BACKGROUND: The natural history of hepatitis B virus (HBV) infection in patients undergoing maintenance dialysis is still unclear. The aim of this study was to measure the HBV viral load (HBV DNA) in a cohort (n=20) of HBsAg positive chronic dialysis patients over a 12-month observation period. METHODS; HBV DNA was measured by the Amplicor HBV MonitorTM Test Kit, an in vitro test that utilizes Polymerase Chain Reaction (PCR) nucleic acid amplification and DNA hybridisation for the quantitative measurement of hepatitis B viral DNA in human serum. Amplicor HBV MonitorTM Test Kit amplifies a sequence in the pre-Core/Core region of the HBV genome with biotinylated and non-biotinylated oligonucleotide primers. RESULTS: There was no significant difference between the median HBV load at the start and the end of the study, 1.85 x 104 HBV copies/ml (percentile 16.84; 6.35 x 102 - 3.5 x 106 HBV copies/ ml) and 8.5 x 103 HBV copies/ml (percentile 16.84; 5.5 x 102 - 6.38 x 105 HBV copies/ml), respectively. These serum HBV DNA levels were lower than those measured by the same test in patients with chronic hepatitis B and normal renal function (Hepatology 2000; 32: 116-23). In the group of HBsAg positive carriers on dialysis, we identified three patterns of HBV viremia over time: 1) patients (n=6) with persistent HBV DNA, 2) those (n=2) with undetectable HBV DNA and 3) those (n=12) with intermittent HBV DNA. Patients with persistent HBV DNA (median, 3.3 x 104 HBV copies/ml; percentile 16.84; 3.5 x 103 - 2.3 x 106 HBV copies/ml) had higher viral HBV load than those with intermittent HBV viremia (median, 1.2 x 103 HBV copies/ml; percentile 16.84; 3.5 x 102 - 2.3 x 104 HBV copies/ml) (p=0.0001). Patients with persistent HBV DNA had higher frequency of serum hepatitis B e antigen (HBeAg) positivity than those showing intermittent and negative HBV DNA, 50% (3/6) vs. 0% (p=0.04). The frequency of serum IgM antibody against hepatitis B core antigen (IgM anti-HBc) was higher in patients with persistent HBV DNA than those having intermittent or negative HBV DNA, 100% (6/6) vs. 33% (4/12), p=0.03. We detected no difference in aminotransferase activity between patients with persistent HBV DNA and those showing intermittent or negative HBV DNA. In the group with persistent HBV DNA, the mean difference between maximum and minimum values of HBV DNA observed in each individual patient was 6.13+/-1.25 decimal logarithm (Log10) and in patients with intermittent HBV DNA 3.87+/-1.49 Log10 (p=0.006). In the entire group, the fluctuations in HBV DNA values over time between and within individuals were not significant. CONCLUSIONS: The viremic HBV load was low and relatively stable over a 12-month follow-up period; three patterns of HBV viremia over time were observed; 30% of the viremic patients had persistent HBV viremia, and those patients had larger viral load and higher frequency of HBeAg and anti-HBc IgM than did patients with intermittent or negative HBV DNA. Prospective studies with longer observation periods are in progress to fully understand the natural history of HBV in these immunosuppressed patients.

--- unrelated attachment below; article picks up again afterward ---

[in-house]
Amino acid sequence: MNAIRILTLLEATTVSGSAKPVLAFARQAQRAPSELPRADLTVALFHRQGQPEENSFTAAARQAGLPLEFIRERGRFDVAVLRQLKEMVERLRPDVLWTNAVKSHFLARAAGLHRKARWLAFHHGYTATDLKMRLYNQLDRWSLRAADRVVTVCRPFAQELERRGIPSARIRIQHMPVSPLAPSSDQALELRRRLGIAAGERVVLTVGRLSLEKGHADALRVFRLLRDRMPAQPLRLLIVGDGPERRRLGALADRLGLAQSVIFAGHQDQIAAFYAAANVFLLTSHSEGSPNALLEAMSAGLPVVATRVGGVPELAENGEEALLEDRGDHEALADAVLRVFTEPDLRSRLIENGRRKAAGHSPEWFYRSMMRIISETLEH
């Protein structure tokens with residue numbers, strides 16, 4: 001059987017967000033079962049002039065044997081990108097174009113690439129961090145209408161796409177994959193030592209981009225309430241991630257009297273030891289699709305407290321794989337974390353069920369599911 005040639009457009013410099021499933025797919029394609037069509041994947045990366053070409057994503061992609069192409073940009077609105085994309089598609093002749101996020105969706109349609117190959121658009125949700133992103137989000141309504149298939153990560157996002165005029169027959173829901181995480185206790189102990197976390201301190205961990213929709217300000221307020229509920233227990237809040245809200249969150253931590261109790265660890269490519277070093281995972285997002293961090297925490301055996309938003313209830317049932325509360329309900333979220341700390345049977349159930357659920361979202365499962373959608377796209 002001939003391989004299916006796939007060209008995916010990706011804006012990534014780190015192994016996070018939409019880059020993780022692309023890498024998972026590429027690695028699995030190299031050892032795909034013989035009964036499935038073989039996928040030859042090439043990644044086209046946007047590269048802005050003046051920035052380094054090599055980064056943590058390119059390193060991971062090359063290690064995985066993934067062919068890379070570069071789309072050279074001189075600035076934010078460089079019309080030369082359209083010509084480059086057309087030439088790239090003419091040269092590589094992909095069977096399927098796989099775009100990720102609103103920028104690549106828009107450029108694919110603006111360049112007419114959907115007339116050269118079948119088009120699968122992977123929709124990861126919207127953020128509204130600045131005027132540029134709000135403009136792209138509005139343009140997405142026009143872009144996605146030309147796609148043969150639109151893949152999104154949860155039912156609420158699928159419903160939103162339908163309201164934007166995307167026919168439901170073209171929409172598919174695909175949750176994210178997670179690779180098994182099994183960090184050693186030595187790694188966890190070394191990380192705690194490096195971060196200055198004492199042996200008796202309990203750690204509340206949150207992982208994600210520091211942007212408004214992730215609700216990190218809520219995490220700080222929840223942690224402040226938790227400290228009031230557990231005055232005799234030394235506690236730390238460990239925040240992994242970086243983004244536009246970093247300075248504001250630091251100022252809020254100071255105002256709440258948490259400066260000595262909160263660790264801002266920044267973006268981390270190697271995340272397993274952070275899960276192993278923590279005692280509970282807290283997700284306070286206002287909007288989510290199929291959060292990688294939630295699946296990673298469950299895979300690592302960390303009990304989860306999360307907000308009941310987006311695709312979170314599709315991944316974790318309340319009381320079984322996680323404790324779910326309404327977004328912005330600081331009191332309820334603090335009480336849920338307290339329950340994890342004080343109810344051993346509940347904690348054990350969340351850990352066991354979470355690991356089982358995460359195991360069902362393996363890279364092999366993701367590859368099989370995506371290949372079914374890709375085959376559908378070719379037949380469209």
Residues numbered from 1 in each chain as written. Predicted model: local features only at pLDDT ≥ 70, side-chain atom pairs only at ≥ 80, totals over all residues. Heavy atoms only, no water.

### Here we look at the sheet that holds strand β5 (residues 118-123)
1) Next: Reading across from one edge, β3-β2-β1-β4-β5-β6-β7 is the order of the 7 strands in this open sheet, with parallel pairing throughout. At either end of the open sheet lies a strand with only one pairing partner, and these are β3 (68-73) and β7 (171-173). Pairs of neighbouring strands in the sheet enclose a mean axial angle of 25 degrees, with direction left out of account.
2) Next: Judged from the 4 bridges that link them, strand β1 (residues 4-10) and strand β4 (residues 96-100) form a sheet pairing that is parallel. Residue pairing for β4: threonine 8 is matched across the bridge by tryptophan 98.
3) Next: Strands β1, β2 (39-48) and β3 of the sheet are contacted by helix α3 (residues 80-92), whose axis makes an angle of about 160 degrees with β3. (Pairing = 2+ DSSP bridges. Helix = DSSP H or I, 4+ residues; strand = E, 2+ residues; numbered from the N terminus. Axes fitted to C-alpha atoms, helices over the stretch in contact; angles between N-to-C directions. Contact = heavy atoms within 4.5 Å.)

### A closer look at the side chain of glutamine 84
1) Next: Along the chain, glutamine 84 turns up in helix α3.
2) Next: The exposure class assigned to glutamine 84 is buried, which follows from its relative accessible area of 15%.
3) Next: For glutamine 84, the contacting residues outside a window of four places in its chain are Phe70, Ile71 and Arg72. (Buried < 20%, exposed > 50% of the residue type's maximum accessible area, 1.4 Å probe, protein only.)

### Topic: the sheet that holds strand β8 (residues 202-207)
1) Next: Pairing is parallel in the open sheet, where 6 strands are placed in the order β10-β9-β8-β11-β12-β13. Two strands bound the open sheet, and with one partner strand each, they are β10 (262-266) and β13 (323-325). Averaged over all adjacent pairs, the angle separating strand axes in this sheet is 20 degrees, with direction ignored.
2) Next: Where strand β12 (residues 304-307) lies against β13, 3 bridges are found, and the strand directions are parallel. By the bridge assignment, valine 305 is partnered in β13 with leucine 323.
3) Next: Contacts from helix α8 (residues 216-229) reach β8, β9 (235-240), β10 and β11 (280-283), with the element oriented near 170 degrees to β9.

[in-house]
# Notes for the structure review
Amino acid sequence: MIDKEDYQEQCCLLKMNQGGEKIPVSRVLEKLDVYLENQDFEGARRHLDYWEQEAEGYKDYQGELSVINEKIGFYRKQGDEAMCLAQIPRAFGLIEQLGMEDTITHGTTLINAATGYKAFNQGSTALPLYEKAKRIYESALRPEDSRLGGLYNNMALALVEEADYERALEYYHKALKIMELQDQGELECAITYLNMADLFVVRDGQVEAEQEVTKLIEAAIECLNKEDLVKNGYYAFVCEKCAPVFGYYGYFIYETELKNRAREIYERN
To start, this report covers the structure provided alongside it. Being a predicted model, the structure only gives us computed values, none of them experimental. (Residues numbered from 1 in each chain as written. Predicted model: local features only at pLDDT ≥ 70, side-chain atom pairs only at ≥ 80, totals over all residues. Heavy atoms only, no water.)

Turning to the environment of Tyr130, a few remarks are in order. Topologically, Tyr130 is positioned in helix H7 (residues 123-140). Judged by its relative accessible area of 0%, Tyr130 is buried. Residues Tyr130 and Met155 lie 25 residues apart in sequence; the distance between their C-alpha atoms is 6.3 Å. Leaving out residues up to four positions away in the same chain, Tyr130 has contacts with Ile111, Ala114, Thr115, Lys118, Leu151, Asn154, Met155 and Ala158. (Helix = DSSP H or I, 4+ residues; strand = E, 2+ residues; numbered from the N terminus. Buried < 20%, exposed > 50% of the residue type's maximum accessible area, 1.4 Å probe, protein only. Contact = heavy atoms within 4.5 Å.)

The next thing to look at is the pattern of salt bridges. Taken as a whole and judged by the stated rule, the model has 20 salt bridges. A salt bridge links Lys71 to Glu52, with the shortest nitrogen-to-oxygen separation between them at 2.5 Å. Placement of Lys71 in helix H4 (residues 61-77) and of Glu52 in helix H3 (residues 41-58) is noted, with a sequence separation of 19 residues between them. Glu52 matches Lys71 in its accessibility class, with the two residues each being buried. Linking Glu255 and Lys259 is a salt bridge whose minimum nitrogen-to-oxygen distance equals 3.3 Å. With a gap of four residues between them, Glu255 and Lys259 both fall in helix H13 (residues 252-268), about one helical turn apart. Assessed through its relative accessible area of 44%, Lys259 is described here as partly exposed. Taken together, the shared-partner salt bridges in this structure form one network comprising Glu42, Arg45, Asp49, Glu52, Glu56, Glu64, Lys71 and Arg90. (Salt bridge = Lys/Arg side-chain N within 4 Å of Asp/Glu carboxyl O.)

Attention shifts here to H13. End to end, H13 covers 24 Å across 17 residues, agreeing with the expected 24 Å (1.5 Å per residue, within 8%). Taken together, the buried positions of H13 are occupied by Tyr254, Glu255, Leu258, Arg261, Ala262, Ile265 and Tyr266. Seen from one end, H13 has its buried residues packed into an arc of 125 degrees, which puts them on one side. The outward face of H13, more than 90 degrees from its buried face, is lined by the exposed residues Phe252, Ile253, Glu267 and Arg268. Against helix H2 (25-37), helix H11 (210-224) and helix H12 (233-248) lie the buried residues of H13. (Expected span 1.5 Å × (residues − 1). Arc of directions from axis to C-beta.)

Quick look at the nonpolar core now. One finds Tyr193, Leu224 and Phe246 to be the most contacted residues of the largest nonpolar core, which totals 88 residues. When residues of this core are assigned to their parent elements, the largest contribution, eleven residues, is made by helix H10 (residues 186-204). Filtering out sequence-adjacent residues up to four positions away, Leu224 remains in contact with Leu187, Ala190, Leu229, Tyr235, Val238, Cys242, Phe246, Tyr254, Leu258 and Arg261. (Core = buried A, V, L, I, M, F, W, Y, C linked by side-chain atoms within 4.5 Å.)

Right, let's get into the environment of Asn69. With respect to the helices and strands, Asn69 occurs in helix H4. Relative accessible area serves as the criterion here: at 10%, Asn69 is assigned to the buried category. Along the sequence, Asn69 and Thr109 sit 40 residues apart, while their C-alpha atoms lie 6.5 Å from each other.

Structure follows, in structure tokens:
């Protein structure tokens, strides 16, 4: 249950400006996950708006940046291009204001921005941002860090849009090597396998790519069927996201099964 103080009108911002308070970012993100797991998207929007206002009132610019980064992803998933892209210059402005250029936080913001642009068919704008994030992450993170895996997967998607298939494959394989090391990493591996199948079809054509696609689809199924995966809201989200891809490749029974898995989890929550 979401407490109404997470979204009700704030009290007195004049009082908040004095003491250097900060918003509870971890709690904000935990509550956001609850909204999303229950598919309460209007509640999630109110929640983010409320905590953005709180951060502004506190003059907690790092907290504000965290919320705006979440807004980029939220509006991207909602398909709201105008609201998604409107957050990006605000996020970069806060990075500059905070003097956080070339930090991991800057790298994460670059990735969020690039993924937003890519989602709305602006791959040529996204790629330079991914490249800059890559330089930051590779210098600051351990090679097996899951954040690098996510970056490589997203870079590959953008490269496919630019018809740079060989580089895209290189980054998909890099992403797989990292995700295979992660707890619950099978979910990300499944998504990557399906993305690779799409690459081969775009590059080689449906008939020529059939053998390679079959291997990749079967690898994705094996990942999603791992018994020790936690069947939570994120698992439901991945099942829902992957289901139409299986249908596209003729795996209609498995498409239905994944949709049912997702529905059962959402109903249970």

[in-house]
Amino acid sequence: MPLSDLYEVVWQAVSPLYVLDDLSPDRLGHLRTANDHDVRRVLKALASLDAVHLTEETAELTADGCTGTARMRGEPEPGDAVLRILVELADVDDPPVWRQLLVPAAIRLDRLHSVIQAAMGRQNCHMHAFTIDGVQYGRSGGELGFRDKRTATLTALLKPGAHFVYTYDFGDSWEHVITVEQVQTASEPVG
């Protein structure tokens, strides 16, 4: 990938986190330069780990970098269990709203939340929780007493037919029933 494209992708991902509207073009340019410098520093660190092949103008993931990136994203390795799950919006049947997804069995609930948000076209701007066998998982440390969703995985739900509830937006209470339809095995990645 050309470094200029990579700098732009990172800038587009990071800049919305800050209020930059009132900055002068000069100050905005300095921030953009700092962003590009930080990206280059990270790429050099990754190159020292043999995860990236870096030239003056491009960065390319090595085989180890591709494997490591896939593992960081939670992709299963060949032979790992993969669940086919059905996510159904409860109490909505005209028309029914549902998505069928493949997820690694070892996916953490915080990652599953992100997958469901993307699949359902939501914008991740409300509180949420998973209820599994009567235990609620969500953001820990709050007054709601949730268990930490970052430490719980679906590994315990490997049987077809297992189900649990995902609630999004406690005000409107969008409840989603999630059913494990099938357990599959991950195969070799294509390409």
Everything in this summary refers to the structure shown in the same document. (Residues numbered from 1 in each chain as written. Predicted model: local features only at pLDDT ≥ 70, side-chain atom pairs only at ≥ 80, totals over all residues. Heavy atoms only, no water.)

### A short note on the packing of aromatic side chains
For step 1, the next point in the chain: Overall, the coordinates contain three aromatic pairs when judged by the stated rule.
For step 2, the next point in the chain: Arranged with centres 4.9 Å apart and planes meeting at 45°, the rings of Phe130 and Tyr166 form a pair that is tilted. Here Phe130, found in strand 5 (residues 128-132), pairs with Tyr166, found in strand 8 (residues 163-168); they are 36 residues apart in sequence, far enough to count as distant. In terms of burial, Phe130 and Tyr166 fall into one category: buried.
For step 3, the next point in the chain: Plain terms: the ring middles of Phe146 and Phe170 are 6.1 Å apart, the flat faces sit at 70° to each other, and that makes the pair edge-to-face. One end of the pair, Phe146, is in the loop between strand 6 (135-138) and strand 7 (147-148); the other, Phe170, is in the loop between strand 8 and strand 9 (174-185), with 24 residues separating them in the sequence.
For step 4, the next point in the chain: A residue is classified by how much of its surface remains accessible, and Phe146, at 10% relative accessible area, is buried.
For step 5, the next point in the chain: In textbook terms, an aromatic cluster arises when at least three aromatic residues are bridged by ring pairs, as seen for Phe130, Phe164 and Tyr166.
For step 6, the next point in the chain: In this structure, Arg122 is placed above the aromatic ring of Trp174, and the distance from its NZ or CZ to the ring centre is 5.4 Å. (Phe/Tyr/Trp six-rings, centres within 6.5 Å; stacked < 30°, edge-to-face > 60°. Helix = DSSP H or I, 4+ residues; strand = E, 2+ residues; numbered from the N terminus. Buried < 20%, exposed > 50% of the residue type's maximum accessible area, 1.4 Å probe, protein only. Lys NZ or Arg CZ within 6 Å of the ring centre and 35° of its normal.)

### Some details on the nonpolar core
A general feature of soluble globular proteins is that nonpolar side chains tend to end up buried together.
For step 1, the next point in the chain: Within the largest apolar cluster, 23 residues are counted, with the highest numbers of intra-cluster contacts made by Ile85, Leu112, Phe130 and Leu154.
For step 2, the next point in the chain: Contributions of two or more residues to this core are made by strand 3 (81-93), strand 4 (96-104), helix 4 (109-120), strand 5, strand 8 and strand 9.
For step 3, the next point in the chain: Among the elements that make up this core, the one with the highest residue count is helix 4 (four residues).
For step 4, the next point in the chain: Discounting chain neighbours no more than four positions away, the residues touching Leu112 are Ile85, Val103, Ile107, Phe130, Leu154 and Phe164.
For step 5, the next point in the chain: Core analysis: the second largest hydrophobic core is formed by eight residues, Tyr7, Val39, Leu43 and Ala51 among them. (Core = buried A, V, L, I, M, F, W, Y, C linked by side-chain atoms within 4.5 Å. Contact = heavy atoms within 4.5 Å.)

|Translated title of the contribution||Natural history of hepatitis B virus infection in dialysis patients: prospective study by quantitative analysis of HBV viremia|
|Number of pages||7|
|Journal||Giornale italiano di nefrologia : organo ufficiale della Società italiana di nefrologia|
|Publication status||Published - May 2002|
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